The geology at Dinosaur National Monument is a feast for the mind and for the eye. The landscape and scenery at the monument reflect the tremendous geological forces--pressure, deposition, uplift and erosion--that shaped this area and that are constantly at work on our dynamic earth. Because Dinosaur receives less than 12 inches of precipitation a year, vegetation is thin and the rock layers and the geologic features are clearly visible.
The rock layers at Dinosaur make up one of the most complete stratigraphic columns exposed within the National Park System.
With the exception of the Ordovician, Silurian, and Devonian, all of the geologic periods are represented in the Dinosaur area. Almost all of the rocks exposed in the area are sedimentary and range in age from Precambrian (about 1,100 million years ago) to Miocene (about 25 to 10 million year ago).
At Dinosaur, the mountain-building did not simply push up the rock layers from below, but also squeezed them from the sides, warping and lifting them, sometimes cracking and shifting them along fault lines.
Throughout the monument, much of the spectacular scenery--the faults, folded and uplifted rock layers, and river canyons more than a thousand feet deep--reflect the tremendous geological forces that shaped this area.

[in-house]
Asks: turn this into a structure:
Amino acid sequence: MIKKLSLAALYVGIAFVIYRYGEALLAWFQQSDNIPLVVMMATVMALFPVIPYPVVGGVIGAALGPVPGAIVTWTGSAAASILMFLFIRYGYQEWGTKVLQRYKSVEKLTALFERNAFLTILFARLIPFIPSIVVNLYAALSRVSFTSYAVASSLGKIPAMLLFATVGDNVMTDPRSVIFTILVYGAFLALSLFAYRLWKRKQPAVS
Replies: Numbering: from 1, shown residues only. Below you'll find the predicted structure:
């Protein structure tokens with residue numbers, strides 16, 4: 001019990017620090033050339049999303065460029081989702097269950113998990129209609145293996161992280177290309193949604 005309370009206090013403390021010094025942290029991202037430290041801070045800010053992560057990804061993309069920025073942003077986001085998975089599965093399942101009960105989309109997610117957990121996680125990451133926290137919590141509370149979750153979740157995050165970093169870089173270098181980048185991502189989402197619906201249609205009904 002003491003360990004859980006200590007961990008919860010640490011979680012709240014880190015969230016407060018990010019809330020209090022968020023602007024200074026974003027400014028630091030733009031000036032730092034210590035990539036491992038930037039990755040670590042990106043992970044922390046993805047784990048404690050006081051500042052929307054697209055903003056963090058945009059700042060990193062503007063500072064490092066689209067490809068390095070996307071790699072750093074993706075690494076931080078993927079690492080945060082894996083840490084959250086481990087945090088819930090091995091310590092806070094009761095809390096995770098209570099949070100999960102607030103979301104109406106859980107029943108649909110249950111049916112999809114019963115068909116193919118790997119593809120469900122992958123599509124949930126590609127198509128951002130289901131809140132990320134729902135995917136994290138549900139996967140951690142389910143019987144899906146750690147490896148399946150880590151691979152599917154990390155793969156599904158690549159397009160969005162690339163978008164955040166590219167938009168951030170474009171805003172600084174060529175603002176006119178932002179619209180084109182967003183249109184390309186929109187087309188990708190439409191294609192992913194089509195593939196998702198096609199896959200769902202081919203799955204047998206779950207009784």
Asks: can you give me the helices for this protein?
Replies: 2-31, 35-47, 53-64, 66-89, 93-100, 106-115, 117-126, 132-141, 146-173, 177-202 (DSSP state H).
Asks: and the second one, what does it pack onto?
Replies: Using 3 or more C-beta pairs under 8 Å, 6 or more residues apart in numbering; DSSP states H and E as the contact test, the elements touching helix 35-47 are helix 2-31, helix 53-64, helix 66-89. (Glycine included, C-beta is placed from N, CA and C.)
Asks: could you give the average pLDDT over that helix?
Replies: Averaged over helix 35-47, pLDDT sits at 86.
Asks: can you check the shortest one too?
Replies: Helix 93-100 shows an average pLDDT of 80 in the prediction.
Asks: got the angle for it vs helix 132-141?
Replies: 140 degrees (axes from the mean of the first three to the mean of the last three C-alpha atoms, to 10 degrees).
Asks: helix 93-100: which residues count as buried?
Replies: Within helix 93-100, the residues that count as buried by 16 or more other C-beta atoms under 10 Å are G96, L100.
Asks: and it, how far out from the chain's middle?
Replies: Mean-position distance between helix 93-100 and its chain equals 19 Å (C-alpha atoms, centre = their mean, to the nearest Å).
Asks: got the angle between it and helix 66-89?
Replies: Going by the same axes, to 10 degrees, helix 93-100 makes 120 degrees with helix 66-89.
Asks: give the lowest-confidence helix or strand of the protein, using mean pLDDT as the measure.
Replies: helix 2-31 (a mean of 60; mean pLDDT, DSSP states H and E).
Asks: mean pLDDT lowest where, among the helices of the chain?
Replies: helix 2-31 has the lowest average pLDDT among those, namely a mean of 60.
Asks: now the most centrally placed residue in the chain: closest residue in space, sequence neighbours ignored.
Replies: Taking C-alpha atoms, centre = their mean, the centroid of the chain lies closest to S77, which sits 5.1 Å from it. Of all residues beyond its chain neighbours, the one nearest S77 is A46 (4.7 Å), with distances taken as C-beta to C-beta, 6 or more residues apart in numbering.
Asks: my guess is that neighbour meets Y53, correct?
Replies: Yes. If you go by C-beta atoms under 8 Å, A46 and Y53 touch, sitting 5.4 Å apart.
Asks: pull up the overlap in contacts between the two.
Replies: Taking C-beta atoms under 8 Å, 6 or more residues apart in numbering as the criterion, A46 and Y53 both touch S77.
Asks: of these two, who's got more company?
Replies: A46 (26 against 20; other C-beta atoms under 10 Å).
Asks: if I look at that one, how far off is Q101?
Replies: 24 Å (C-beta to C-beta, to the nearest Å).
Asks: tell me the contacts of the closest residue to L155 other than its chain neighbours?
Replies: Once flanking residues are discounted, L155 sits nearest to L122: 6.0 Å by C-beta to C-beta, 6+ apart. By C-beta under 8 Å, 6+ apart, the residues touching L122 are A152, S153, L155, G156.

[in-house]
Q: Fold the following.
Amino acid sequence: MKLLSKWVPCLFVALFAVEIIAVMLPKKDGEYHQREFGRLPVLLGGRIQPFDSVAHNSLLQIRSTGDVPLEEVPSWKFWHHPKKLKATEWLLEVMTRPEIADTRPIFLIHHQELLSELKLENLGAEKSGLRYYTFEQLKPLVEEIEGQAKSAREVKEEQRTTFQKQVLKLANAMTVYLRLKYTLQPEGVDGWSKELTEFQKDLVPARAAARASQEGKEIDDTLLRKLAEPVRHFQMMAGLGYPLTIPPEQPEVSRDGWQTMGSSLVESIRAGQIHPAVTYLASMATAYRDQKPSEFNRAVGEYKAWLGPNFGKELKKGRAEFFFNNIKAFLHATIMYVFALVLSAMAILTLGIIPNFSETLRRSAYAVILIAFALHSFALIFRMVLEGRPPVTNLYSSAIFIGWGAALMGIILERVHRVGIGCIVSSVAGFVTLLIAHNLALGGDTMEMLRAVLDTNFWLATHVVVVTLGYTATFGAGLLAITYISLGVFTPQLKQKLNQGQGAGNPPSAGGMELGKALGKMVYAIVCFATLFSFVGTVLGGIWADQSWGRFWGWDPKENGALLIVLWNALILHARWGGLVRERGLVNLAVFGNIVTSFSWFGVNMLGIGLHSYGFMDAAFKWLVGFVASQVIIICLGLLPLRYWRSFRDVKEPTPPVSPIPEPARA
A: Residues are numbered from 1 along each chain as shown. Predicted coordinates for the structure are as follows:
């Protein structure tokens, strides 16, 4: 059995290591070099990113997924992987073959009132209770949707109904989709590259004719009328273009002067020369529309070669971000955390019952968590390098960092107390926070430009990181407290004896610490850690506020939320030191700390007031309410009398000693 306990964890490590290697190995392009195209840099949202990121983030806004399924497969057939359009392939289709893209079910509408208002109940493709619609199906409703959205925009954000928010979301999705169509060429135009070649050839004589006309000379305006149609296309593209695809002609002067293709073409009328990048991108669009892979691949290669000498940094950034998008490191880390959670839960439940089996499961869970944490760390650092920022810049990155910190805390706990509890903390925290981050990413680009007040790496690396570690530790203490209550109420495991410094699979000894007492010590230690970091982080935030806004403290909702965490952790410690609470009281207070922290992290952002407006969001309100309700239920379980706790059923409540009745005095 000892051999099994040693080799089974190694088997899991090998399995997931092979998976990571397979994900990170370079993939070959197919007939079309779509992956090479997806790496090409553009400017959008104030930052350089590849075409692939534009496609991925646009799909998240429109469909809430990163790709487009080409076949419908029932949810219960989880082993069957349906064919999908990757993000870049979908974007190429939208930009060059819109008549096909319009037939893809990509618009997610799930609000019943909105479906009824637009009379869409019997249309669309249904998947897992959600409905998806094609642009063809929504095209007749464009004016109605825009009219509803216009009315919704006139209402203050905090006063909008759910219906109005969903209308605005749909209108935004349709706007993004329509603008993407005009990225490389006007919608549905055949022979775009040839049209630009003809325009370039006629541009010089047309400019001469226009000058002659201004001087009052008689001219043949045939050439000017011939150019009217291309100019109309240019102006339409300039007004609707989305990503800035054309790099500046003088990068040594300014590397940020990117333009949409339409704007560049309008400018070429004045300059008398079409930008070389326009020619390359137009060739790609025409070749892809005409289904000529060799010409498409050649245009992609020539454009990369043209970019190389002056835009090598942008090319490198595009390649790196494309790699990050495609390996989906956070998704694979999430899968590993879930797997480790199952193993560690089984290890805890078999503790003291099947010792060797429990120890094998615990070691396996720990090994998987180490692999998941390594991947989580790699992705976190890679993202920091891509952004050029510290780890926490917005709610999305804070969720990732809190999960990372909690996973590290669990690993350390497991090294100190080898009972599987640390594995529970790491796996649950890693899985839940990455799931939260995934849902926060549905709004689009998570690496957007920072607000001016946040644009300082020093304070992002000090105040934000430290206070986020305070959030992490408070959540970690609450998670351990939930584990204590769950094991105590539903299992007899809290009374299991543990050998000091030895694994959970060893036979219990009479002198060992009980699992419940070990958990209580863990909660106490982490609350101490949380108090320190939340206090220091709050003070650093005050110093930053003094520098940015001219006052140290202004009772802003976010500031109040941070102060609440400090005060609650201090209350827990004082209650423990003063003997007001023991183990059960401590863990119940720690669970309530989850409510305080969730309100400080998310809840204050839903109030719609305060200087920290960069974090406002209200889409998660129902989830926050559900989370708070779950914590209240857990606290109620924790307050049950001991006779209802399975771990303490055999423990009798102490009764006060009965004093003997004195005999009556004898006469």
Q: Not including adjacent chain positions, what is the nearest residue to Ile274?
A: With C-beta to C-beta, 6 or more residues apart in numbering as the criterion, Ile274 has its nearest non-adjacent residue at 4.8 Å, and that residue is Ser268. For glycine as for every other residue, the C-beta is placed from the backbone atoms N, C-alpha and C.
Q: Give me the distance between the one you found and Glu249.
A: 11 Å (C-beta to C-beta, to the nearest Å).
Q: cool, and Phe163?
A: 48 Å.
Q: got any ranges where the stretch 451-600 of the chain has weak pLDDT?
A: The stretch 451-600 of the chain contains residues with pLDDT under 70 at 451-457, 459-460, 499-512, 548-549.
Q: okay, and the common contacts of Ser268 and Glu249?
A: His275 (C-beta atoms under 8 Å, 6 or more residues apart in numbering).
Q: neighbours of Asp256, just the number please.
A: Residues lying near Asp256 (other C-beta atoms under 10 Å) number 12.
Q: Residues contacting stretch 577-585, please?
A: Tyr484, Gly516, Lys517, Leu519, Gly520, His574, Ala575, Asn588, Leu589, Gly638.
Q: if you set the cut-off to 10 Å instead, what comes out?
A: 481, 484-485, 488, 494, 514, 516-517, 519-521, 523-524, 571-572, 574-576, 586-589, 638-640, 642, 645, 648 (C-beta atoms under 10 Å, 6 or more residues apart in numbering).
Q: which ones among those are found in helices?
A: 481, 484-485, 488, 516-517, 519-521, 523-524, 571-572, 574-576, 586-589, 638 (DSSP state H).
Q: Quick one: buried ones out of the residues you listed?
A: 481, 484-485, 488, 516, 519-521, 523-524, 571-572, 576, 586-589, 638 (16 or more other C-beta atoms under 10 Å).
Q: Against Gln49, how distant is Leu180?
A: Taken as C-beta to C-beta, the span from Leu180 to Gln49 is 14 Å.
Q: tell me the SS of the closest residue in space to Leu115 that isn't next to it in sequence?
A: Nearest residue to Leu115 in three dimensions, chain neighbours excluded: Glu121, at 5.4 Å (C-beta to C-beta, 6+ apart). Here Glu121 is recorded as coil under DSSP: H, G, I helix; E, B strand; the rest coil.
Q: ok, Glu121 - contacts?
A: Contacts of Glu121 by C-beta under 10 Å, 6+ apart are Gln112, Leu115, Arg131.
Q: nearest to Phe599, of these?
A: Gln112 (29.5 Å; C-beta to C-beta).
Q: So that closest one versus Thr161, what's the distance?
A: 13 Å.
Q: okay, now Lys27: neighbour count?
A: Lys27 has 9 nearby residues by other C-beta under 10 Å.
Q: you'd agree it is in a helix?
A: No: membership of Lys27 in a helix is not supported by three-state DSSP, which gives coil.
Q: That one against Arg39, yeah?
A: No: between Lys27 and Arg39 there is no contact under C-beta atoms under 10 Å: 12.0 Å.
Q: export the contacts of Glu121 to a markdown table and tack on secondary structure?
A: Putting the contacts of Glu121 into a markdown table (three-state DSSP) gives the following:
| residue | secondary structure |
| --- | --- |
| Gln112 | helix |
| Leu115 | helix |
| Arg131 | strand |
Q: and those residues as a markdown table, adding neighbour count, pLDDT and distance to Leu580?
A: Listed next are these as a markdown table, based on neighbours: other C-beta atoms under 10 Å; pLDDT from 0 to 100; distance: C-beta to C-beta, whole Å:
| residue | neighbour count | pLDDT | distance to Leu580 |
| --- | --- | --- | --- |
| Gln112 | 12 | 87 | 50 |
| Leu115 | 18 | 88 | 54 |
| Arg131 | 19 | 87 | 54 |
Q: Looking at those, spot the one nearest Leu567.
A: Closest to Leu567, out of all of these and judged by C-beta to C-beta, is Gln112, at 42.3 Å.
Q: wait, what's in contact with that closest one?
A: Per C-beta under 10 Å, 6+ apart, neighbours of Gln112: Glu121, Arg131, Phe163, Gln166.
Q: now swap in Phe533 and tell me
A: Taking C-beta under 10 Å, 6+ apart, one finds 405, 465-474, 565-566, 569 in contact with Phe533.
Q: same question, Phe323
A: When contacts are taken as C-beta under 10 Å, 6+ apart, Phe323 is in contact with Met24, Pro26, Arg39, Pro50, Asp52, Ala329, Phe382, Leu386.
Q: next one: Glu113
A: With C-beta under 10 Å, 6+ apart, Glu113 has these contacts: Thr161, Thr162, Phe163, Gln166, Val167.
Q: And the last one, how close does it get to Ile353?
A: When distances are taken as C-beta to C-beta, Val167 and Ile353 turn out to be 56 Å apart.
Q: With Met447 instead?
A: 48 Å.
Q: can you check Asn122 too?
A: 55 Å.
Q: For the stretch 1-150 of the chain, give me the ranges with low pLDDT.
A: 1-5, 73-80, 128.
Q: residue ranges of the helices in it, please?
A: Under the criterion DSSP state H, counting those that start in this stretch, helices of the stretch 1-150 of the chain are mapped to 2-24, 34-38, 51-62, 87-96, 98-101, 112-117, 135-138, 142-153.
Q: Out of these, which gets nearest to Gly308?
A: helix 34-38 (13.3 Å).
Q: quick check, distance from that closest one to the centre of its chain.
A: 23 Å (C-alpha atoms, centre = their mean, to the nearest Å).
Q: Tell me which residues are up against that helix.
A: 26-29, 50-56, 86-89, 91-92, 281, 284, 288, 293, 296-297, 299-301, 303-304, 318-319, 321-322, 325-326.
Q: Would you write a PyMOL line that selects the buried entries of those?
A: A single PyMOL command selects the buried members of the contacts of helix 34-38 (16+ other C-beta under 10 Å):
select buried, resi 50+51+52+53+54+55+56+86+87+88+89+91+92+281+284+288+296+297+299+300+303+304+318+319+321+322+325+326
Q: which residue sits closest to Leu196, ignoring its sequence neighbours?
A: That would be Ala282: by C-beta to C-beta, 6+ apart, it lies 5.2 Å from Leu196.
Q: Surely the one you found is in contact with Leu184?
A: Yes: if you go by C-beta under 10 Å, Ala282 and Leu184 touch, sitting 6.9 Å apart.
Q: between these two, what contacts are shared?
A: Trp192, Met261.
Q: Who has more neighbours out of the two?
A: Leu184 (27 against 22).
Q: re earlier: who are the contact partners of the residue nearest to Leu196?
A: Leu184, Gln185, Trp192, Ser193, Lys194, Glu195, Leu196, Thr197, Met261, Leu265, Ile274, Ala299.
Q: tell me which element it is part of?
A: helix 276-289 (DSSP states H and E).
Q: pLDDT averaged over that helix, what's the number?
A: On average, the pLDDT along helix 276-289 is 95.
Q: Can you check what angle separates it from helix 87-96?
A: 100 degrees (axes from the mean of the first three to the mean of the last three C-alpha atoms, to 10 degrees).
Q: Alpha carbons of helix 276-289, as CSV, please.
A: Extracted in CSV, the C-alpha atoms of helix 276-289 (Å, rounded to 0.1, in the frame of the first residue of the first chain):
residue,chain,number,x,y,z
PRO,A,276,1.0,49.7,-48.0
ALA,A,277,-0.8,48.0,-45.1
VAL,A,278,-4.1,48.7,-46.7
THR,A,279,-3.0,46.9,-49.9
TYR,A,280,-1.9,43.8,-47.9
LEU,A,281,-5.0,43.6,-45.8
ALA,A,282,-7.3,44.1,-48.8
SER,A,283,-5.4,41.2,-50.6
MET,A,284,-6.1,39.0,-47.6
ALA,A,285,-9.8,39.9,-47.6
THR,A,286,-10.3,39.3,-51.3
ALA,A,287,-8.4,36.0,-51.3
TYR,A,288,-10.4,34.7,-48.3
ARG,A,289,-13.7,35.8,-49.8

Geologists call the process of canyon formation downcutting. Downcutting occurs as a river carves out a canyon or valley, cutting down into the earth and eroding away rock.
At Dinosaur, canyon walls reveal textbook examples of folded and faulted rocks formed during the past two billion years. Many of the 23 rock layers exposed within the monument are visible only in the river canyons. Without the slow, persistent downcutting of the Green and Yampa, these impressive, colorful rock layers would lie buried deep beneath the Earth's surface
Did You Know?
Dinosaurs became extinct 65 million years ago, but lizards are still a common sight at Dinosaur National Monument. The small, inquisitive reptiles have endured on Earth for more than 300 million years, far outlasting their giant cousins.